Because people are lazy, we invented another language called Machine Language. This language is MUCH easier than writing in pure binary, as it allows you to name variables, place variables in certain parts of the computer, and just generally be a badass. The downside to this language is that it is, as the name implies, not very human-friendly, and as such is hard to write in. Thus, even lazier people developed a language called assembly language. This makes machine language human friendly, and still is WAY easier than writing in binary. The only down side to it, is it's still about just as time consuming as writing in machine language. People wanted something that they can write fast, instead of it taking maybe a day or two, to get a simple program working. And, as we've learned, programmers are lazy, and so they just kept inventing easier, and easier languages until we have the ones we do today.

Don't be confused, though, the computer itself never changed what it reads (binary). But because we are now developing in such easy (high-level) languages, they have to be translated into binary somehow, no? Well, there's two things that do that; one, something called a "compiler" that turns whatever language you've written into assembly language (remember it's that thing that was just a step above machine language). Then, a thing called an "assembler" turns that assembly-language into machine language, and then your processor (CPU (the brain of the computer)) turns that into binary, all by itself. This process happens inside every computer, in every language, constantly. You think that HTML that you're writing will be run in the web browser? Nope. The web browser is being run by the computer, so, the HTML is indirectly being run by the computer. Hope that helps clarify some things.

TL;DR:
Just read the damn post.
Programming today is a race between software engineers striving to build bigger and better idiot-proof programs, and the Universe trying to produce bigger and better idiots. So far, the Universe is winning. -Rick Cook
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Re: Unix and Programming Languages

Post by thehackertoyou on Tue Feb 05, 2013 9:44 pm
([msg=73497]see Re: Unix and Programming Languages[/msg])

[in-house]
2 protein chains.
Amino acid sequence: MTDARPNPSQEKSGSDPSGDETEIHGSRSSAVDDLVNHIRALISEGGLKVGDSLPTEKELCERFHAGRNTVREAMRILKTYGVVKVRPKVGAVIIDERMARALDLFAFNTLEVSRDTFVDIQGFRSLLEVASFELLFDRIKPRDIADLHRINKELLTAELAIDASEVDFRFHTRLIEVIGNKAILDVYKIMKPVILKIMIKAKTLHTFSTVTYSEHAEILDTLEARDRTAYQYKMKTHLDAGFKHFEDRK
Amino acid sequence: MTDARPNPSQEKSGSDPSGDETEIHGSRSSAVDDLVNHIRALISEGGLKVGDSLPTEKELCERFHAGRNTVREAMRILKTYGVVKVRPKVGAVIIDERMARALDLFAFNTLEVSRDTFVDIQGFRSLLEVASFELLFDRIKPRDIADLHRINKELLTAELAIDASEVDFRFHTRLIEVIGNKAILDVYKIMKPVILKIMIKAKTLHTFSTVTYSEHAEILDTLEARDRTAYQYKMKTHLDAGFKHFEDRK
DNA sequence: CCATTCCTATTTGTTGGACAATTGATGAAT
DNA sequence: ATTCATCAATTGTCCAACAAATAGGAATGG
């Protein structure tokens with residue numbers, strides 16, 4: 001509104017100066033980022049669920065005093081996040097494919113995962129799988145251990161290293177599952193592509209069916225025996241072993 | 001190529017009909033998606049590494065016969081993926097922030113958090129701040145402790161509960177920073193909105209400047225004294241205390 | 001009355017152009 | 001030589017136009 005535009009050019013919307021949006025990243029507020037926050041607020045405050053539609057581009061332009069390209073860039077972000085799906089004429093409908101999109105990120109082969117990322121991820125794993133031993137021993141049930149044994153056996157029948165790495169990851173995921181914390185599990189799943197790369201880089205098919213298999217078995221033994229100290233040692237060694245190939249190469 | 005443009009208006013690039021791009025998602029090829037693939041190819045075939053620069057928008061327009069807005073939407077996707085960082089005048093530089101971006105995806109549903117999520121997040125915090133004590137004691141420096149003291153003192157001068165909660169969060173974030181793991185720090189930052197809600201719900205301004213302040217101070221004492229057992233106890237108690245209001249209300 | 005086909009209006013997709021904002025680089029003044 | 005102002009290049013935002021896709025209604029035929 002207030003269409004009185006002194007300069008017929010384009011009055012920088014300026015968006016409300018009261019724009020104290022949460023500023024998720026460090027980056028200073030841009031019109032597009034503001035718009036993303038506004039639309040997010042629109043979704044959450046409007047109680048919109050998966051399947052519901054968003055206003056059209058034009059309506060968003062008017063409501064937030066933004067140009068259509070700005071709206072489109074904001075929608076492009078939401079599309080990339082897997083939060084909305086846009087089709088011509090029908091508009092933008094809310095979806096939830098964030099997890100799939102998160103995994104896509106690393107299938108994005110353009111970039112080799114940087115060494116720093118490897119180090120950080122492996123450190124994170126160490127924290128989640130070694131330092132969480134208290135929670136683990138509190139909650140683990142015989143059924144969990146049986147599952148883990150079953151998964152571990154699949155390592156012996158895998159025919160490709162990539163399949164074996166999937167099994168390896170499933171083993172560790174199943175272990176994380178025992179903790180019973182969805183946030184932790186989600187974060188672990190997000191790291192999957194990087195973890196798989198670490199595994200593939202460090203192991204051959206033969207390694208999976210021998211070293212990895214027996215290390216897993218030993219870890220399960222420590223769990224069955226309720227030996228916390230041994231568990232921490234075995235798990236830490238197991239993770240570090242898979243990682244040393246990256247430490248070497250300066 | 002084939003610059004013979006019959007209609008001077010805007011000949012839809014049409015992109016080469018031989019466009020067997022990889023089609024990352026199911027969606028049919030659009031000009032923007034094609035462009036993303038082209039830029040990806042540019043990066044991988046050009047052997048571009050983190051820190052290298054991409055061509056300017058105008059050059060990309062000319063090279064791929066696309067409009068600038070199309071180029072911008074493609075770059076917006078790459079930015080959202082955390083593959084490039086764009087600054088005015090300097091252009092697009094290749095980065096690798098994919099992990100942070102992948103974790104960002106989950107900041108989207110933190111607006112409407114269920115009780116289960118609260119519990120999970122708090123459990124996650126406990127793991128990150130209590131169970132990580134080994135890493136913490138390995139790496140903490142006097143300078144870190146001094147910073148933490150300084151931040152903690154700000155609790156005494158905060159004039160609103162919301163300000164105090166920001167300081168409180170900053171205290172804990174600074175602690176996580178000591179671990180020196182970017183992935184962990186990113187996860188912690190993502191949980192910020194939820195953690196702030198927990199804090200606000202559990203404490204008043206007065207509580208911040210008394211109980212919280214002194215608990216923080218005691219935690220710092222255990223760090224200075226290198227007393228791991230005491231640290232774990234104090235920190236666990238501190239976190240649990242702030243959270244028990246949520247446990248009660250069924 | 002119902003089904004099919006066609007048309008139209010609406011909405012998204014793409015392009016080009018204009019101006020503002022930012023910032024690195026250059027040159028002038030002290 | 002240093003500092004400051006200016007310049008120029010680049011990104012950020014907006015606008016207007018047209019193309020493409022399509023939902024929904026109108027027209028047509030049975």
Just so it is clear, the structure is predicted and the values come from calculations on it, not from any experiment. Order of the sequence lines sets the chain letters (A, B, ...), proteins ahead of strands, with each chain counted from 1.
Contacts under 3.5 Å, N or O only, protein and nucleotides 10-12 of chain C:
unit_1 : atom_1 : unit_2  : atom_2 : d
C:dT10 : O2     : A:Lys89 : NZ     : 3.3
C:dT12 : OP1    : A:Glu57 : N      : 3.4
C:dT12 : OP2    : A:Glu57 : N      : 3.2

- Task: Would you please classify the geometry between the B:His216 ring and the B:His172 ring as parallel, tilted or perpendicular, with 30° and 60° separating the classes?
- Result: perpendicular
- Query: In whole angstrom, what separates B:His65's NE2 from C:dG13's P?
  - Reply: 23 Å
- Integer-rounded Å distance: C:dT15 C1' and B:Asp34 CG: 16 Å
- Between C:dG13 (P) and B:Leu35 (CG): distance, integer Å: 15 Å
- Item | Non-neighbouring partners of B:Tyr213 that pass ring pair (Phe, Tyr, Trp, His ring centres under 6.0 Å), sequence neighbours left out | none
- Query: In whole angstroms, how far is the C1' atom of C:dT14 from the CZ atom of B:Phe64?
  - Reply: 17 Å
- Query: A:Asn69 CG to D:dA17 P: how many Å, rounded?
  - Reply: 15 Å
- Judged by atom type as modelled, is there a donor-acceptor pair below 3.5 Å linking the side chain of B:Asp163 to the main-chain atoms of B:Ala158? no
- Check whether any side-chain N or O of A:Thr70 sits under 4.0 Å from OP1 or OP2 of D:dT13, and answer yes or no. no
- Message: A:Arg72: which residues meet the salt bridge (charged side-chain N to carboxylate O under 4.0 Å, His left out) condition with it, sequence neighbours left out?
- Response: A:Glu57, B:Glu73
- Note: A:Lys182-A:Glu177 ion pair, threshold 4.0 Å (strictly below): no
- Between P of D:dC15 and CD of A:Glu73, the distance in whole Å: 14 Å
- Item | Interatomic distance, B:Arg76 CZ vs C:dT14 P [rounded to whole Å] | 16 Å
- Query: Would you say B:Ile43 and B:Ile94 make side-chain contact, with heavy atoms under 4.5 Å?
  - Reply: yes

Ooohh, ok. so now I have a few more questions. (I'm learning!) first, what is a kernel? second, if mac uses unix, and I am on a mac, then is there some way I could get behind the user-friendly interface and into the unix code so that I can interact with the computer directly through unix commands? and third, if unix is an os, how does mission 7 read unix? Idk if that makes any sense, but I mean how does the website accept unix commands? (BTW I already beat mission 7)

-- Tue Feb 05, 2013 7:50 pm --

oh wait, re-reading the last post I think it makes sense. an os operates the computer, and all programming languages are processed by a computer, but not necessarily my computer. so when I type unix commands into the site for mission 7 it sends that code to a different computer, which is probably using unix, and then that computer sends the output of the unix cal command and sends it back to me? I think?
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Re: Unix and Programming Languages

Post by centip3de on Tue Feb 05, 2013 11:03 pm
([msg=73505]see Re: Unix and Programming Languages[/msg])

thehackertoyou wrote:-- Tue Feb 05, 2013 7:50 pm --

oh wait, re-reading the last post I think it makes sense. an os operates the computer, and all programming languages are processed by a computer, but not necessarily my computer. so when I type unix commands into the site for mission 7 it sends that code to a different computer, which is probably using unix, and then that computer sends the output of the unix cal command and sends it back to me? I think?


Well, in this case, it's something just pretending to be a Unix Operating System, but essentially yes, you are correct.
Programming today is a race between software engineers striving to build bigger and better idiot-proof programs, and the Universe trying to produce bigger and better idiots. So far, the Universe is winning. -Rick Cook